First things first: it’s clear that we need to cut down on
foods that have high environmental impacts such as meat. Europeans
eat so much meat that they are not only driving deforestation
abroad, but also causing health problems at home. Excessive meat
consumption is associated with increased rates of coronary
heart disease, strokes
, and type
2 diabetes
, with convincing evidence that red and processed
meat
can cause cancer
. If we ate more delicious plants, we’d feel better and
the planet would too
.

However, fixing our diets alone won’t be enough to completely
solve this issue. To avoid unintentionally fuelling conflict and
ecocide abroad, Europeans also need to fundamentally fix trade.

Luckily, solving this crisis doesn’t require fancy new
inventions or a technological leap. Our research outlines the
mechanisms needed to transform trade for the better, all of which
are available to us now. For example, we could actually listen to
Indigenous peoples and local communities and work to ensure they
don’t lose their land to illegal invasions. We could trace the
origin of products to make sure they don’t come from areas of
deforestation or conflict. We could introduce legal mechanisms like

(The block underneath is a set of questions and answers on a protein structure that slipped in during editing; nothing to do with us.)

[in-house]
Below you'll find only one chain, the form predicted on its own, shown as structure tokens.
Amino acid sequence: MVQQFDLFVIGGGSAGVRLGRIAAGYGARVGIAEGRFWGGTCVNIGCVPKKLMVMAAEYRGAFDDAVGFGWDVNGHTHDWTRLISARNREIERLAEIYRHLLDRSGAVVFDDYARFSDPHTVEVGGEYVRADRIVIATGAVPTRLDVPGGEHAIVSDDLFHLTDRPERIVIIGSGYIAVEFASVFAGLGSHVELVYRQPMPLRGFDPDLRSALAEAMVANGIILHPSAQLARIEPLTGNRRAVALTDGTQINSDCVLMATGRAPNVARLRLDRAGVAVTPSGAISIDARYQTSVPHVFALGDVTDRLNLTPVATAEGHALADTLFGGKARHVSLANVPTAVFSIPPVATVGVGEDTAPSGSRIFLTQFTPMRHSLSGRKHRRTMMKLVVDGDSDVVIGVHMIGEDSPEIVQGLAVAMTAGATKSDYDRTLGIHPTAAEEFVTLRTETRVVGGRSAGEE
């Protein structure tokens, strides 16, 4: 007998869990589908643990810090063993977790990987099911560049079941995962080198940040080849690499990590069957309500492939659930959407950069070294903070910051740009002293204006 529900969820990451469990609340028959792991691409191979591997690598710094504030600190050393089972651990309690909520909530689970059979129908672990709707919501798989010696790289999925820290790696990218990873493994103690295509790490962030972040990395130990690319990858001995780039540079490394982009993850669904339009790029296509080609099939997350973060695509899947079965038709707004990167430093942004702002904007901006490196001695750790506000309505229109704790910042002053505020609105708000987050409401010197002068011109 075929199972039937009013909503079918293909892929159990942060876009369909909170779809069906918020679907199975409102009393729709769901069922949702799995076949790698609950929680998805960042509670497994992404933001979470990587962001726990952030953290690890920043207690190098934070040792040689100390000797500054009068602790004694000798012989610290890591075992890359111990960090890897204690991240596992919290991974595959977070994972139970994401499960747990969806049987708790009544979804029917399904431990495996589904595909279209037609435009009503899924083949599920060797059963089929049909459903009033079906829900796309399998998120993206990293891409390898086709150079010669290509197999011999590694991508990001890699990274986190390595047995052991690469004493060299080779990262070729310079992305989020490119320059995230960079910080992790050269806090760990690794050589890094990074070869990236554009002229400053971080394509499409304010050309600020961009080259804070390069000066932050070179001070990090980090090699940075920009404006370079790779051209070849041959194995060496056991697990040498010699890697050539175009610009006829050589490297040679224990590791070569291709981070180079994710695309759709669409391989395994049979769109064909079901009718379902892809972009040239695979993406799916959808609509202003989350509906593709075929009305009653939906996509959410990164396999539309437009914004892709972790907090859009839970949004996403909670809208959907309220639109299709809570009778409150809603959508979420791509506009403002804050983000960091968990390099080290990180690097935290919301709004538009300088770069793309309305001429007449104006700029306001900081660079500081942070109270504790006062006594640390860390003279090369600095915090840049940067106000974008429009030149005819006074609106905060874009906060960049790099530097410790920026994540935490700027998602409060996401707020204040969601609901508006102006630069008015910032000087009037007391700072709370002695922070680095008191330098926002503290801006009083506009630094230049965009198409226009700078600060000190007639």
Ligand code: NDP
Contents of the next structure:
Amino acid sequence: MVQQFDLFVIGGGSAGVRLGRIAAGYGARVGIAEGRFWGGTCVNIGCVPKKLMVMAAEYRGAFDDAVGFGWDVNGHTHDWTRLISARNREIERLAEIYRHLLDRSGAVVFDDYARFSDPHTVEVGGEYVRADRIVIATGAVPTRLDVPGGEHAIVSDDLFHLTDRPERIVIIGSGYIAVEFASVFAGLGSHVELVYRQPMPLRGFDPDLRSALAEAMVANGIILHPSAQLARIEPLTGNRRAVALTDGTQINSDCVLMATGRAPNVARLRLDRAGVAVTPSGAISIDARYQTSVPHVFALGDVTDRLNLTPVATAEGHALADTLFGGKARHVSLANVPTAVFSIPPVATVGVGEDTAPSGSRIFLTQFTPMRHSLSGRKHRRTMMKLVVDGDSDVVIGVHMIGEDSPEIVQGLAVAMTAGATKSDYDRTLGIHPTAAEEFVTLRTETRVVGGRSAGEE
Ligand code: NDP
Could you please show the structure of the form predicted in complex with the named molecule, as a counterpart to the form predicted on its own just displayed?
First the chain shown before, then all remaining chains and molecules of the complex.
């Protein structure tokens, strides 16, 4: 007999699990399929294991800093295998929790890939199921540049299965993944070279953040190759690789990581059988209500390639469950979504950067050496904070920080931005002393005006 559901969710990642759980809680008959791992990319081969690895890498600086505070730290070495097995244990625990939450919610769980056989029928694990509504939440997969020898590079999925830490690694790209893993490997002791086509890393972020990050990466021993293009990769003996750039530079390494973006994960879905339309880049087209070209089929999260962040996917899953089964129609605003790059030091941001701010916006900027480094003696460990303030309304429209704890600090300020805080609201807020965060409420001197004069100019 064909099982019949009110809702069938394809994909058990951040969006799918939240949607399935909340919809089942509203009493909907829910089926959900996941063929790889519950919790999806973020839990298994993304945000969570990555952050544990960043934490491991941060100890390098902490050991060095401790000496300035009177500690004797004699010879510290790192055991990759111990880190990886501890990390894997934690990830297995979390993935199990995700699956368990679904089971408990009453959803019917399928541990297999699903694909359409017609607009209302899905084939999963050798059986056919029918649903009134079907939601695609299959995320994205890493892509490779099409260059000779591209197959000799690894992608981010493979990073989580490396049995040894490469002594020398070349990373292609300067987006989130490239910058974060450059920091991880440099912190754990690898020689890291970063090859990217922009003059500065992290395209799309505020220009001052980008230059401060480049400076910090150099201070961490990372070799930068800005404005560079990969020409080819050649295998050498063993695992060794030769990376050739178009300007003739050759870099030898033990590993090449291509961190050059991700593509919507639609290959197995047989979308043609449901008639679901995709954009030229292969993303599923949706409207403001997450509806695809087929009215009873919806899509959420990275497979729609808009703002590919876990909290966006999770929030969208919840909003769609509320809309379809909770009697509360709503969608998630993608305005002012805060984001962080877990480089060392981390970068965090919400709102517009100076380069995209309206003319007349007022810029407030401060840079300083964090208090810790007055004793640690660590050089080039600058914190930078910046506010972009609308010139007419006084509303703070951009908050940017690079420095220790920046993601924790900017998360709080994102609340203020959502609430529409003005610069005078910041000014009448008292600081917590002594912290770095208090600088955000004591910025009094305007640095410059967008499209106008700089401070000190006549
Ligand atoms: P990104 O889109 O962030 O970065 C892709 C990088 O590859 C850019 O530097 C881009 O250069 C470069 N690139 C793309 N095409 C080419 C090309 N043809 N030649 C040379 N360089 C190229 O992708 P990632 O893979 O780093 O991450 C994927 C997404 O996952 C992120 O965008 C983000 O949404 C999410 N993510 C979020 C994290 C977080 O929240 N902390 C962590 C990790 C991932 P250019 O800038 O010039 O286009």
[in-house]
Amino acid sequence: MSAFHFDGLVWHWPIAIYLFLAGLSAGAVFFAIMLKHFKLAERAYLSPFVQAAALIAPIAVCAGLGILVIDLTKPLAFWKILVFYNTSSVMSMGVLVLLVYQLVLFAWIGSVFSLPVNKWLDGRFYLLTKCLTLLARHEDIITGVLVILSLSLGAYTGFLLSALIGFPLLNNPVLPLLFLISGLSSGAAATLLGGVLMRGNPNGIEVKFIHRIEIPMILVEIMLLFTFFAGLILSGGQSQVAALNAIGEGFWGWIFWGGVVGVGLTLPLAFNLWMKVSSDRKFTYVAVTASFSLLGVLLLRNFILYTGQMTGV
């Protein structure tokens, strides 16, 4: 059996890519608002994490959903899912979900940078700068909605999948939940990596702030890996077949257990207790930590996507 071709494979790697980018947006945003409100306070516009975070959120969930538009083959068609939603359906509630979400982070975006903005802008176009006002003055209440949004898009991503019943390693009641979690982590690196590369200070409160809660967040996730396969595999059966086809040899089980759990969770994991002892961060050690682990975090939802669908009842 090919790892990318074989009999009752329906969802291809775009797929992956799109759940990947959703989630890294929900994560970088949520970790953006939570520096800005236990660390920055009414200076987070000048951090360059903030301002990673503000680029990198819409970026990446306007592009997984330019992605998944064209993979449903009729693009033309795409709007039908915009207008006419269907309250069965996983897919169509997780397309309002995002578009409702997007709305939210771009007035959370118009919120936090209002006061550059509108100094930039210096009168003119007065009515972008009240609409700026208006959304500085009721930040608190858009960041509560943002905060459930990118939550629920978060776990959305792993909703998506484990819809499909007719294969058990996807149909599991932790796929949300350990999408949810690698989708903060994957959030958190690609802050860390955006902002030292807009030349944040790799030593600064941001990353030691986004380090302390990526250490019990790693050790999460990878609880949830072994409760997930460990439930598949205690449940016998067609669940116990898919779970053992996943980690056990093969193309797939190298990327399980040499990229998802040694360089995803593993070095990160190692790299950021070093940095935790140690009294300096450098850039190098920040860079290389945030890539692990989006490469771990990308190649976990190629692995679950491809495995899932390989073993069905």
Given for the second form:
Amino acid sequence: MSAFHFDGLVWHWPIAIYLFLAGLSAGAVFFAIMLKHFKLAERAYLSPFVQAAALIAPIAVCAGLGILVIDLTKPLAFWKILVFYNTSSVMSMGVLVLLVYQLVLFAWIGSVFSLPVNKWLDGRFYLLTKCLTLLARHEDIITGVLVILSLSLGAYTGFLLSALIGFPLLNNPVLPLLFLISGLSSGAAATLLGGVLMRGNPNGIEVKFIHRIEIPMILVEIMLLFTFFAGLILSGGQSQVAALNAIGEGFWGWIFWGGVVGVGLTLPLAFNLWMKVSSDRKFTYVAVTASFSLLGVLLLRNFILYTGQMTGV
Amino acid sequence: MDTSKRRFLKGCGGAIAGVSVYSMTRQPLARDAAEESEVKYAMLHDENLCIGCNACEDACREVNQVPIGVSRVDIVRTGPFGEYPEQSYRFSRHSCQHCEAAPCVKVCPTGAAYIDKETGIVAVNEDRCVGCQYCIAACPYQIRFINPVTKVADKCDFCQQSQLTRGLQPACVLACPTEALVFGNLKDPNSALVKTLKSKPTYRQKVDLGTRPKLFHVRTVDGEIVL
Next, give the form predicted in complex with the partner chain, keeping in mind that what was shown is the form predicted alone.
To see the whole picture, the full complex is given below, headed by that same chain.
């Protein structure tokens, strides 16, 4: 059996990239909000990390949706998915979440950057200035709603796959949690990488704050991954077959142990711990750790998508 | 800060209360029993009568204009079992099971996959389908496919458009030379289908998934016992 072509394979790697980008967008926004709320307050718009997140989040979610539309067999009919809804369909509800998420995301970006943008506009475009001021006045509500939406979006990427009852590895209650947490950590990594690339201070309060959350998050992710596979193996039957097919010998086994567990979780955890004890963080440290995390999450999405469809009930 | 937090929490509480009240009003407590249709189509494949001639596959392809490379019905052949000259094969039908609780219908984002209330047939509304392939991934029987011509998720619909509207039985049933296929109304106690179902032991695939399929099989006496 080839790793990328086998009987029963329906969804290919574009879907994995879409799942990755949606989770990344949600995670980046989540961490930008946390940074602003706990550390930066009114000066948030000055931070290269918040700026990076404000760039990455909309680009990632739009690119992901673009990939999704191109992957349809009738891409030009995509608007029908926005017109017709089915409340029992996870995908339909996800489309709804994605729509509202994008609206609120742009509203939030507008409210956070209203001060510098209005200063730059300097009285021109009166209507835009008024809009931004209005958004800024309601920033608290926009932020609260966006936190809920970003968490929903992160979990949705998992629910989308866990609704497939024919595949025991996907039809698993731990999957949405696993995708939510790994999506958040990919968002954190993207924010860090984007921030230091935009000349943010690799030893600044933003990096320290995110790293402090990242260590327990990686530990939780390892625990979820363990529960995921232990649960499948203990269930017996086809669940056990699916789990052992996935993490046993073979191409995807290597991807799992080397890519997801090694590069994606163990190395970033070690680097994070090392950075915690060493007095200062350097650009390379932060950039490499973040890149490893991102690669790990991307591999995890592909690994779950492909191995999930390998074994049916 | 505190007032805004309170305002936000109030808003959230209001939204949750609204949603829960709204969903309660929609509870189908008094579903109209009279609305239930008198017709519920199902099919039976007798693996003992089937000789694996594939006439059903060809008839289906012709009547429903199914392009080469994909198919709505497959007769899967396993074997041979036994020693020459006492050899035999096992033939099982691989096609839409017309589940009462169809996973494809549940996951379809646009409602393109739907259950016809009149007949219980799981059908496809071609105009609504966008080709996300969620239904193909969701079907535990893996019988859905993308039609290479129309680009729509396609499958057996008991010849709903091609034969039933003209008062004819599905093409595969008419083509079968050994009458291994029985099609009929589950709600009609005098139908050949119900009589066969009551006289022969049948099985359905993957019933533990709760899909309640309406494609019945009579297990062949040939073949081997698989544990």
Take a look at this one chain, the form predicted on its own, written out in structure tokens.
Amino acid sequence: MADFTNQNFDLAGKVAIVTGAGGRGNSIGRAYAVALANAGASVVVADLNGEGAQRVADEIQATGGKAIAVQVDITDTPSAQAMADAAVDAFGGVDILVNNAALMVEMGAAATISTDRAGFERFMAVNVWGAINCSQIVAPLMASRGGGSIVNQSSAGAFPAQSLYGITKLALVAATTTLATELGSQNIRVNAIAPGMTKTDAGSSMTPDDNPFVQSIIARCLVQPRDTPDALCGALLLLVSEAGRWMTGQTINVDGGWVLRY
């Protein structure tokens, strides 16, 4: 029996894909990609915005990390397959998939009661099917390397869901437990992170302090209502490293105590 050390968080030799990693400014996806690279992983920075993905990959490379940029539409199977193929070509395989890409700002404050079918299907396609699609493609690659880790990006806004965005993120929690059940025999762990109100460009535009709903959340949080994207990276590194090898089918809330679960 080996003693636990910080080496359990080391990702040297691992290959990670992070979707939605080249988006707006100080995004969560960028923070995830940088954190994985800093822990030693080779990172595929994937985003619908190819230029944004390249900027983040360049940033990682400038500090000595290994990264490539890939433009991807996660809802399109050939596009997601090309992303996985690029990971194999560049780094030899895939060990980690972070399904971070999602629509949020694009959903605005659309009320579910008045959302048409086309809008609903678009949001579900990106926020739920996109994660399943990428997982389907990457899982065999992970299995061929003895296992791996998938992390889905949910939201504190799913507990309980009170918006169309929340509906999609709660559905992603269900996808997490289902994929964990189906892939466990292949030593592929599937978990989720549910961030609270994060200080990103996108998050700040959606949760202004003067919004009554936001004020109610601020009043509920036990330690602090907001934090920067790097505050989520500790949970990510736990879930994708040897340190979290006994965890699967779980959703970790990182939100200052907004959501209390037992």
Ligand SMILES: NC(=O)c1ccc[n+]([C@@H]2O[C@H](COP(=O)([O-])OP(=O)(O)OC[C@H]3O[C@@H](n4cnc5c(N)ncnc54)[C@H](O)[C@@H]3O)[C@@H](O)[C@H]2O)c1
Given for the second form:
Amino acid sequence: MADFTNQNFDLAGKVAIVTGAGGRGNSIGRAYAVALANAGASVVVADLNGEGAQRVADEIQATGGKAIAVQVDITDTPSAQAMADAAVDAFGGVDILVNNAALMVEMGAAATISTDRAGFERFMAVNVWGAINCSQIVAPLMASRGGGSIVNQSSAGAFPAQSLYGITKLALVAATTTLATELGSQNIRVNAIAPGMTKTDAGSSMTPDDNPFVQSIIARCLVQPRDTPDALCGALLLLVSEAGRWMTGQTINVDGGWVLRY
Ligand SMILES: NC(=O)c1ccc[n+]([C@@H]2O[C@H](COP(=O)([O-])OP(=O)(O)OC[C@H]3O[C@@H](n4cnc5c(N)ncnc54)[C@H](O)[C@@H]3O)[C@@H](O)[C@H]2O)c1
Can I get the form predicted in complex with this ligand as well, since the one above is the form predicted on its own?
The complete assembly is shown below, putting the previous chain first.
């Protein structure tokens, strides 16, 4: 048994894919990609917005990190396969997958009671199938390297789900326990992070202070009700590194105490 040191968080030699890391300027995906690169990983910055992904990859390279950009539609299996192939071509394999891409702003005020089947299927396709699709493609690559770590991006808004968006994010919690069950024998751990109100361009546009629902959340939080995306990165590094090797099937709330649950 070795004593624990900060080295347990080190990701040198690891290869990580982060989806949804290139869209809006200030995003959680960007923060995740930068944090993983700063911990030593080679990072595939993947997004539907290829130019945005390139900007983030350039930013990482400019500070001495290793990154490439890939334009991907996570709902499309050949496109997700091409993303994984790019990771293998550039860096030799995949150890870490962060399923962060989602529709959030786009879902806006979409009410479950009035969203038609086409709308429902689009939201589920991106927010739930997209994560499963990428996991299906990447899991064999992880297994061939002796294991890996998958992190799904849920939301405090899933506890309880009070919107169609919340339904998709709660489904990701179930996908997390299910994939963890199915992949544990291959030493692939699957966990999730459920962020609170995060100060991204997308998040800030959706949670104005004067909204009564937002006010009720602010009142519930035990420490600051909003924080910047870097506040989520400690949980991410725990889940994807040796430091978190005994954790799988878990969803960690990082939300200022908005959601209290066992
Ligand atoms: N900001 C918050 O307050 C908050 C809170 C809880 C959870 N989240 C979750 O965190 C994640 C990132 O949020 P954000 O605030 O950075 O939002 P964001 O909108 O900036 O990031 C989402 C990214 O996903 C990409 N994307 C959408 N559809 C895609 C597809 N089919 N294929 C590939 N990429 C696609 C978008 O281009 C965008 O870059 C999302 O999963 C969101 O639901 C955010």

collective redress – where vulnerable communities have a means to
seek legal action.

Crucially though, even if we hold every company to account and
trace every soybean, we could still indirectly drive pressure on
South America’s last remaining forests, savannas, and wetlands if
our demand increases. To avoid this, it’s important that we make
trade deals contingent on countries making wider progress towards
international commitments – the Paris agreement being a prime
example.

Imagine if the economic muscle of trade was used to create a new
playing field, where entering the game required genuine progress on
reducing deforestation and supporting human rights. In the case of
Brazil, Indigenous leader Sonia Guajajara
suggests
two clear benchmarks of progress that should be met
before considering ratifying any new trade deals:

  1. Substantial progress in ending impunity for violence against
    forest defenders, as measured by the number of these cases
    investigated, prosecuted, and brought to trial.
  2. A reduction in deforestation rates that is sufficient to put
    the country back on track to meet its own targets under the Paris
    Agreement.

Ultimately, we need to have the courage to stand up and act in
line with the values we already hold. Wouldn’t it be fantastic to
live in a world that isn’t hellbent on destruction? Where we can
have dinner without worrying about whether our meal has a shady
past?

Our research outlines what’s needed to fundamentally fix trade
– it’s now up to the EU to step up and become a leader in
sustainability that we can all be proud of.

Laura
Kehoe
, Researcher in Conservation Decision Science and Land
Use,
University of Oxford

This article is republished from The Conversation under a
Creative Commons license. Read the
original article
.

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Fight Fire with Trade: How Europe Can Help Save the Amazon

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Fight Fire with Trade: How Europe Can Help Save the
Amazon